[Air-l] RE: plagiarism

Kendall, Lori Lori.Kendall at purchase.edu
Thu Mar 21 13:30:41 PST 2002

This is a bit long.

In answer to the last question first -- if a student downloads
*anything* and turns it in for an assignment, I expect them to
tell me where they got it.  In most cases, I would only allow
them to use material from online if they were also analyzing 
that material and writing something additional about that material.

Purchase College has recently rewritten their plagiarism policy
in response to a perceived increase in the amount of plagiarism
in classes.  In my Classical Social Theory class last semester, 
4 out of 40 students turned in papers that included some plagiarized
material.  (In one case, half the paper was downloaded uncredited
from a website; the others included less material, and one student
credited some websites and not others.)  The semester before
that, in my Computers and Culture class, I also had four 
plagiarized submissions (2 from the same person) out of only
25 students. In that group, most were entire downloaded papers,
some with slight alterations.  One was a Salon.com article!  

To discourage this, and to make it easier for me to spot instances
of plagiarism (as well as for other pedagogical reasons), I 
structure my classes so that students do several writing 
assignments over the course of the semester.  I almost never assign "library
research" topics or traditional "term papers."  As part 
of each assignment, which they receive in writing, I require that 
they use (quote from or reference) a set number of readings from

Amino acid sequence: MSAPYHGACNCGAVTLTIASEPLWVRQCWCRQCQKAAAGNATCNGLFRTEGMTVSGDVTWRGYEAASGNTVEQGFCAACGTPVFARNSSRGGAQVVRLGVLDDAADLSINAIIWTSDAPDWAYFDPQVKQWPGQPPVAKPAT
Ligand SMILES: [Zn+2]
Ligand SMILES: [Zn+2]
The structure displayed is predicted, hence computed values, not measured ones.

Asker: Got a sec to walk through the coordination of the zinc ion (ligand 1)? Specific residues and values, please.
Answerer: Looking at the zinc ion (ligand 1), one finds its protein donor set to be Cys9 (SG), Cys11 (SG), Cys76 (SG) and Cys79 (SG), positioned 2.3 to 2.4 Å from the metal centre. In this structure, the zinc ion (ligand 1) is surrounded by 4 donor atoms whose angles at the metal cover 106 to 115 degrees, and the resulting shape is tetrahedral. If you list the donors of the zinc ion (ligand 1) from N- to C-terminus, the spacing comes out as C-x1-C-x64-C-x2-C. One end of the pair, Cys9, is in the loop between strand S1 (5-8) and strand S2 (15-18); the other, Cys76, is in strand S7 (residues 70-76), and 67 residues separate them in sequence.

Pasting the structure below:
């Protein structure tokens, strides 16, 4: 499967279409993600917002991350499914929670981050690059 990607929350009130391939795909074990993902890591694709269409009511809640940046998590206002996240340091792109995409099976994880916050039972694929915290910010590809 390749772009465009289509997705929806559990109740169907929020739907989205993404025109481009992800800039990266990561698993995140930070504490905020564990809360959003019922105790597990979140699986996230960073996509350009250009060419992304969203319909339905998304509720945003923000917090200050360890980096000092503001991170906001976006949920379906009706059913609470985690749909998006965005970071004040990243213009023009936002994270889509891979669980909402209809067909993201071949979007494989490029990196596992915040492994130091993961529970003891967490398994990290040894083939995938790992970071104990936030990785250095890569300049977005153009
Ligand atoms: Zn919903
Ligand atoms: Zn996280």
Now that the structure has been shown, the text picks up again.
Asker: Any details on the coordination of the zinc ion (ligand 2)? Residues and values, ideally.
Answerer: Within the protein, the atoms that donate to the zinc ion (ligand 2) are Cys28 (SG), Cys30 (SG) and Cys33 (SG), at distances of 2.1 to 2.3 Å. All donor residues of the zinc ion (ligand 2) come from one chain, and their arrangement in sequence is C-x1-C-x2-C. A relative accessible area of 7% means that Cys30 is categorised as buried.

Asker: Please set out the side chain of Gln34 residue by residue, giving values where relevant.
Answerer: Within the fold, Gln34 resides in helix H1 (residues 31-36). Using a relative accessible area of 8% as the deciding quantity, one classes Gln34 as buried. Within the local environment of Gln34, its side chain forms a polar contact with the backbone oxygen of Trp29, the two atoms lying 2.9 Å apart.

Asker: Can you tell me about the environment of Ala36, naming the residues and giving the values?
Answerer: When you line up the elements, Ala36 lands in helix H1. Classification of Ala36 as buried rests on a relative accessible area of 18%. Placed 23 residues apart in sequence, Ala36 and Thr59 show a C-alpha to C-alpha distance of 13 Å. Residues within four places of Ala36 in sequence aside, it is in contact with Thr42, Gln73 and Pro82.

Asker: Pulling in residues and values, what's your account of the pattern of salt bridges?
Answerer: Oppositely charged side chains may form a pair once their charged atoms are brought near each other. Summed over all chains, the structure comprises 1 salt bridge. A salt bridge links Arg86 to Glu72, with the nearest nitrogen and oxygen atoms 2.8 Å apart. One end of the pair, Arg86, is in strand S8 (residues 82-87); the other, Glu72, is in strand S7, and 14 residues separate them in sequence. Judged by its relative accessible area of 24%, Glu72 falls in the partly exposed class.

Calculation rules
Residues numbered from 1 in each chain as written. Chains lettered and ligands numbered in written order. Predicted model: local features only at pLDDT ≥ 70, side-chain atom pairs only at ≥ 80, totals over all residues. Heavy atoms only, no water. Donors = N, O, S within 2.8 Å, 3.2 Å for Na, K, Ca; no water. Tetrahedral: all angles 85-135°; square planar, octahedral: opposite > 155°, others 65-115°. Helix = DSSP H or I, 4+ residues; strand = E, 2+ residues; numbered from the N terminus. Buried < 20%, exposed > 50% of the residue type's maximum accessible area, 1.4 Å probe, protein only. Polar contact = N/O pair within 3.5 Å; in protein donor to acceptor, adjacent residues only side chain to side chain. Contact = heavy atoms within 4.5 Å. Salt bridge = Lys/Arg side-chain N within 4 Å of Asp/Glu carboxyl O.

the course, usually at least three.  A typical assignment has 
them gathering original data of some sort (doing an interview, 
looking at a website) and then analyzing their data using the 
readings and theories presented in class.  I usually have them 
turn in their original materials as well.  (For instance, in my 
popular culture class, they just did analyses of magazine 
advertisements and attached the ads they analyzed to the paper.)

In the case of Classical Social Theory, I paired each classical 
work (by Durkheim, Weber, and Marx) with a modern work which used 
that theoretical perspective.  

These strategies generally prevent my students from finding entire 
papers which meet the criteria of the assignment.  Any paper which
fails to complete the requirements of the assignment, fails 
to cite class materials, or has very different writing styles in
differen portions of the paper, sets off my plagiarism "alarm" and 
I start doing online searches for material from the paper.  (If
you would like tips on this, feel free to ask, but I don't do
anything fancy -- I just use search engines.)  

Purchase College does not have fraternities.  At UC Davis, where
I taught previously, we had a problem with fraternity "paper
banks."  Those can be harder to catch unless you regularly
vary your class assignments in some way.  Individually-tailored
papers, which can be purchased online, would also be harder to
catch, but I don't believe most of my students have the financial
resources to devote to that -- I guess if they do, I don't know

I will be interested to hear what experiences other people are
having with this.
Lori Kendall
Assistant Professor of Sociology
Purchase College-SUNY
lori.kendall at purchase.edu

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